New Mobile Health Program Works Toward Preventing Illness and Reducing Repeat Hospital Admissions

Hospital readmissions occur when a patient is admitted to a hospital after being discharged from an earlier hospitalization. Readmissions are a national healthcare focus, and in Mercer County, Capital Health is developing a new Mobile Integrated Health (MIH) program to help reduce the readmission rate for high risk patients.

Launched in September 2016 as a collaboration between Capital Health’s Emergency Medical Services (EMS) and Population Health departments, the program uses the strengths and experiences of EMS providers and Care Transition registered nurses in a whole new way to prevent illness and reduce repeat hospital admissions.

Patients are enrolled in the program two ways. Capital Health’s Care Transition registered nurses meet with identified patients during their inpatient stay and schedule the patient for a MIH home visit within a week of discharge from the hospital. “High risk patients include those with specific diagnoses such as heart failure, acute myocardial infarction, pneumonia, diabetes, and COPD, as well as patients who have extended lengths of stay in the hospital,” said Colleen Bowski, clinical manager of Care Transitions at Capital Health.

The program is also offered to patients who see providers at our Capital Health Medical Group offices or participating care providers in the Capital Health Accountable Care Organization and aren’t showing up for appointments or have high risk diagnoses. “Participation in the MIH program is optional,” said Angela Dito, director of Population Health at Capital Health, “but many patients are very receptive to this type of follow-up care.”

Once in the MIH program, patients receive in-home well visits by two-person teams selected from a pool of Capital Health paramedics, nurses, and emergency medical technicians. Currently operating on Mondays and Thursdays from 10 a.m. to 4 p.m., MIH teams review discharge instructions with each patient and his or her loved ones, check to make sure that the patient has access to his or her prescription medications, and look for safety hazards in the patient’s home. The teams also go over follow-up appointment details and help make transportation arrangements as needed to ensure continued care after hospital discharge.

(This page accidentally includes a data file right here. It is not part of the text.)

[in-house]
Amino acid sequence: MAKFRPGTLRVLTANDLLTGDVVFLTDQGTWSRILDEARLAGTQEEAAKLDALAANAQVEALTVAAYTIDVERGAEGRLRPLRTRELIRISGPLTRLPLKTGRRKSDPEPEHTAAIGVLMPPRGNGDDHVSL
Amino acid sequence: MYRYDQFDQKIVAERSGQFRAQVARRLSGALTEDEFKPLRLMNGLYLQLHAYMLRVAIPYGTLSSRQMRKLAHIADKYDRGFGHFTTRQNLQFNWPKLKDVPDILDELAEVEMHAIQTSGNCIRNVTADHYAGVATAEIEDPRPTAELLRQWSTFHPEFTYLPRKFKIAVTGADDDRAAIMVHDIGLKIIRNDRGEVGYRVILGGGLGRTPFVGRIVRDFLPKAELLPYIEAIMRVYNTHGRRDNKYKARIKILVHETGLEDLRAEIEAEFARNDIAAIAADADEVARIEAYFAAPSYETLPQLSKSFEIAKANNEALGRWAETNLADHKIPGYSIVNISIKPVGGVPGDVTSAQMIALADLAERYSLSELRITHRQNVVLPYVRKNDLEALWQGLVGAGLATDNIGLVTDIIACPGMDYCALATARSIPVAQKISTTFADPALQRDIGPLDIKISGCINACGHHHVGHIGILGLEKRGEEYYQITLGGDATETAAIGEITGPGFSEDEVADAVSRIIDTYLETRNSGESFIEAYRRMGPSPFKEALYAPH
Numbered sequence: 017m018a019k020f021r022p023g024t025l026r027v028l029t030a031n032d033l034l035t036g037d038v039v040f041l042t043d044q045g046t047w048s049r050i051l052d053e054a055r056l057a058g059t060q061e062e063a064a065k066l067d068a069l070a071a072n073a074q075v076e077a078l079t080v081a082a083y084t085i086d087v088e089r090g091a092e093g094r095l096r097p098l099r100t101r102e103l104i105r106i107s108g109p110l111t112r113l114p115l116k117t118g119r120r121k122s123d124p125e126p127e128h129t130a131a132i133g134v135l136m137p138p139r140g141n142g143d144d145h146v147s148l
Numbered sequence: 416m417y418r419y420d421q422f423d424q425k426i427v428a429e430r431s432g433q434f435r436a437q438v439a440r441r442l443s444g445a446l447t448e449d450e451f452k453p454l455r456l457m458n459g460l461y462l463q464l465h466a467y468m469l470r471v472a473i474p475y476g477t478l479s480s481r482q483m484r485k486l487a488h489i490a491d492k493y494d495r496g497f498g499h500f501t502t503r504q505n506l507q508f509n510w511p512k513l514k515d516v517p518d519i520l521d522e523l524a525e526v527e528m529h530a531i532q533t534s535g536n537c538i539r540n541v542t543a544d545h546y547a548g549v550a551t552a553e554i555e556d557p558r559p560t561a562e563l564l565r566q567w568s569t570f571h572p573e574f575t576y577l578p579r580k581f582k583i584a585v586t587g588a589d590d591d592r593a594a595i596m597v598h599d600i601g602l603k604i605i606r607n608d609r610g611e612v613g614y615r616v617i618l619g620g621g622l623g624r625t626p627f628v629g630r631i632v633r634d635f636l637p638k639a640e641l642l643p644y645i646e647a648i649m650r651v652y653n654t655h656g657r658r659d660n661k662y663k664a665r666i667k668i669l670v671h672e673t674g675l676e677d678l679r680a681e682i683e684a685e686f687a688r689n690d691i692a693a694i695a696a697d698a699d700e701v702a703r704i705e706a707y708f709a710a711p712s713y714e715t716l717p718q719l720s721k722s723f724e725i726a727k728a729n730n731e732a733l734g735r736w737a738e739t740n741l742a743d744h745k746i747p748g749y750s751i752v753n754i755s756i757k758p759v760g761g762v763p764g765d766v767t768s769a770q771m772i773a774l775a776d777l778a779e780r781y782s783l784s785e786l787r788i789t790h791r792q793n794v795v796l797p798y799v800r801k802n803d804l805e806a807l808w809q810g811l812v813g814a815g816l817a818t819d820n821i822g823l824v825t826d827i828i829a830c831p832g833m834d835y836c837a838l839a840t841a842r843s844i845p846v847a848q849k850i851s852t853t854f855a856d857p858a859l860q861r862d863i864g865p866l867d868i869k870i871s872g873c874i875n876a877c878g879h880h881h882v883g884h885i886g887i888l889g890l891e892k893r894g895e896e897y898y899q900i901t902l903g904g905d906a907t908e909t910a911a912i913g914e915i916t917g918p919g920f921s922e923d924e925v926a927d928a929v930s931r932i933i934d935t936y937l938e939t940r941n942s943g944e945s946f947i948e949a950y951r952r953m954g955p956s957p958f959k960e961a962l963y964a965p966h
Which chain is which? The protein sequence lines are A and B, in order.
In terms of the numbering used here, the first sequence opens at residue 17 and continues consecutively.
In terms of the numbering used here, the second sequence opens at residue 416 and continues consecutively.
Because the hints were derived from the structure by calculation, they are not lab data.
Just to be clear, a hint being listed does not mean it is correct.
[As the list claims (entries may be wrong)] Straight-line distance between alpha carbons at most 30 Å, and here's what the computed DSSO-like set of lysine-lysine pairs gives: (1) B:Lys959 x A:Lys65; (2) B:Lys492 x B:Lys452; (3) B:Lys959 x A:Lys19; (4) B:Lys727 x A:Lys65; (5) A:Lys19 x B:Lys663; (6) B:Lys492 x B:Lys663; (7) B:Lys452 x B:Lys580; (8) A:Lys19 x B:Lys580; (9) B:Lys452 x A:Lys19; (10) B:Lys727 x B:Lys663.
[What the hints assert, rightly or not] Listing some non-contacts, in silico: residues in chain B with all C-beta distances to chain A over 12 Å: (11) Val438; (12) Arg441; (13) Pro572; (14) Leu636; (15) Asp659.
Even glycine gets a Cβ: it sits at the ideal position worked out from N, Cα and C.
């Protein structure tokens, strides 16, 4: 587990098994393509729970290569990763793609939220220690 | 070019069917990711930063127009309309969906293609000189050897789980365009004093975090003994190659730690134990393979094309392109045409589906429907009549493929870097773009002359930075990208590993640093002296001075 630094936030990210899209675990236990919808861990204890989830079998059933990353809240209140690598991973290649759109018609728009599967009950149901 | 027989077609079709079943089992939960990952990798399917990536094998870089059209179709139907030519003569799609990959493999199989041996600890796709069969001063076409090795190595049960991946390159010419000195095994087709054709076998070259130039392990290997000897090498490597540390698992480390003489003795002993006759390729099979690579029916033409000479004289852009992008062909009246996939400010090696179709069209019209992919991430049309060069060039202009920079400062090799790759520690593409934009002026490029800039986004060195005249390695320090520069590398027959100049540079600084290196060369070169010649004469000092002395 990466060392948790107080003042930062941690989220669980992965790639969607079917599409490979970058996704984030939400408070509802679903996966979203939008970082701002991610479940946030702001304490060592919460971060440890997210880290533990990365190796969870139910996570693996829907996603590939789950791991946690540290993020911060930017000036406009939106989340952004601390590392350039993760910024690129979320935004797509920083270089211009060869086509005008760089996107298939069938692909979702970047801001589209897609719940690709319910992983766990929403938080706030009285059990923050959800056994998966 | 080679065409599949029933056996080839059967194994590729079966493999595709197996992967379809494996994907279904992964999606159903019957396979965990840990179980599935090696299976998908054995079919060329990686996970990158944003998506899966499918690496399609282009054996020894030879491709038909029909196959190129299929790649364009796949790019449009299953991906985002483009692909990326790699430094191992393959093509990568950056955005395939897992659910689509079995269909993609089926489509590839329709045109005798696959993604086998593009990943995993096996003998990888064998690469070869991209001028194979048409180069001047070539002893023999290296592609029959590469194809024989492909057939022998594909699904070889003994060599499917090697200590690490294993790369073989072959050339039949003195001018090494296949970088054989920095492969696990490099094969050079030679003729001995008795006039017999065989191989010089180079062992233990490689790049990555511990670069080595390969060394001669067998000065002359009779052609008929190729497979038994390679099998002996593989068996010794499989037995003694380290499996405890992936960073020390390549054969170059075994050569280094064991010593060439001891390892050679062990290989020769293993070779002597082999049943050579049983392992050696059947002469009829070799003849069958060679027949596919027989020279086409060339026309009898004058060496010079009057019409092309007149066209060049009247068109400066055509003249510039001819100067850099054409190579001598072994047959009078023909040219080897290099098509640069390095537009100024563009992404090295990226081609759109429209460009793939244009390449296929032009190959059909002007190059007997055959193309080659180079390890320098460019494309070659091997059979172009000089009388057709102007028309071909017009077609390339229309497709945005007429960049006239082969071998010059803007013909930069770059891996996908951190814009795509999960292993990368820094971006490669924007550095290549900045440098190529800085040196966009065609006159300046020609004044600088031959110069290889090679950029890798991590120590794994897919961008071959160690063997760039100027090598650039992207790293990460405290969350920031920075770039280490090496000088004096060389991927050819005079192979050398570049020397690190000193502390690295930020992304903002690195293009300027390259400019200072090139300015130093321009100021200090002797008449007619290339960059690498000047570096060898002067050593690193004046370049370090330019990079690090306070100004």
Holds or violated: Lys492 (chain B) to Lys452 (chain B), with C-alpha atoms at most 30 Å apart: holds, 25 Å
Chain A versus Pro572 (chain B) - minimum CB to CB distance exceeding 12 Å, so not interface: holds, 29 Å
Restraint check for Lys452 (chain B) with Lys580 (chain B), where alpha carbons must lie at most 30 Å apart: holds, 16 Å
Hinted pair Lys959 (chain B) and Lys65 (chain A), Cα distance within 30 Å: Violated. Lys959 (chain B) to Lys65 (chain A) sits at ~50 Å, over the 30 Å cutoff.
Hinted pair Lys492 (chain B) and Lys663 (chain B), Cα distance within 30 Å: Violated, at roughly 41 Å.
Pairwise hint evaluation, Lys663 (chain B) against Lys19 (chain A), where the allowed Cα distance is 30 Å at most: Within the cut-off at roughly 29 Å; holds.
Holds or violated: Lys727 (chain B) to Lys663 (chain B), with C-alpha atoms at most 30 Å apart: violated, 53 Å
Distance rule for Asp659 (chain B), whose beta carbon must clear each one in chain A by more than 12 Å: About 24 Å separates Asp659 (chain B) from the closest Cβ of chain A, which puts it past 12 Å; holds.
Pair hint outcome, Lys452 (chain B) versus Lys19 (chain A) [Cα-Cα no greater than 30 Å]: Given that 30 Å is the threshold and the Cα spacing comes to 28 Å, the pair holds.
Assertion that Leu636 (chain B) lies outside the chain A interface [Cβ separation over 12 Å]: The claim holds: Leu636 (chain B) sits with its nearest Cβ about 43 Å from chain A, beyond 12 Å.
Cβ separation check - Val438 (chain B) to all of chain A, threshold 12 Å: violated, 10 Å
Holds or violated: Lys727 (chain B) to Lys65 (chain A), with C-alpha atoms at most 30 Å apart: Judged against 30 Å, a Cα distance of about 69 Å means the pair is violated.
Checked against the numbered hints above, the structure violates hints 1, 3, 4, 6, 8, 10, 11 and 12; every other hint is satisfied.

In addition to the visiting teams, a population health registered nurse supervises each patient’s posthospital care and addresses any immediate concerns by collaborating with primary care providers, home health workers, and others when warranted.

For EMS providers in the program, the idea of preventing serious medical issues might seem like an unfamiliar concept, but the eyes and observational skills of our prehospital nurses, paramedics and EMTs are helping patients avoid being admitted to the hospital or a higher level of care.

In one instance, an MIH team on a home visit noted very subtle, early changes in their patient’s condition that turned out to be the beginning of sepsis (an extreme reaction to an infection, which can be deadly). Although a hospital visit was necessary, by detecting the changes early, the patient was treated before the condition took a more serious turn.

In another case, when a patient was having trouble keeping follow-up appointments, the MIH team discovered that an inoperative cellphone was the culprit. “Our MIH teams understand that small items can have big consequences. Keeping an eye out for things like faulty phones, loose furniture, rugs, and other fall hazards are all part of our mission,” says Greg Smith, manager of EMS Quality and Education at Capital Health.

“The feedback from patients has been very positive,” said Dan Schwester, EMS clinical coordinator at Capital Health, “and our team really enjoys getting to help the community in a way that is different from the traditional EMS.”

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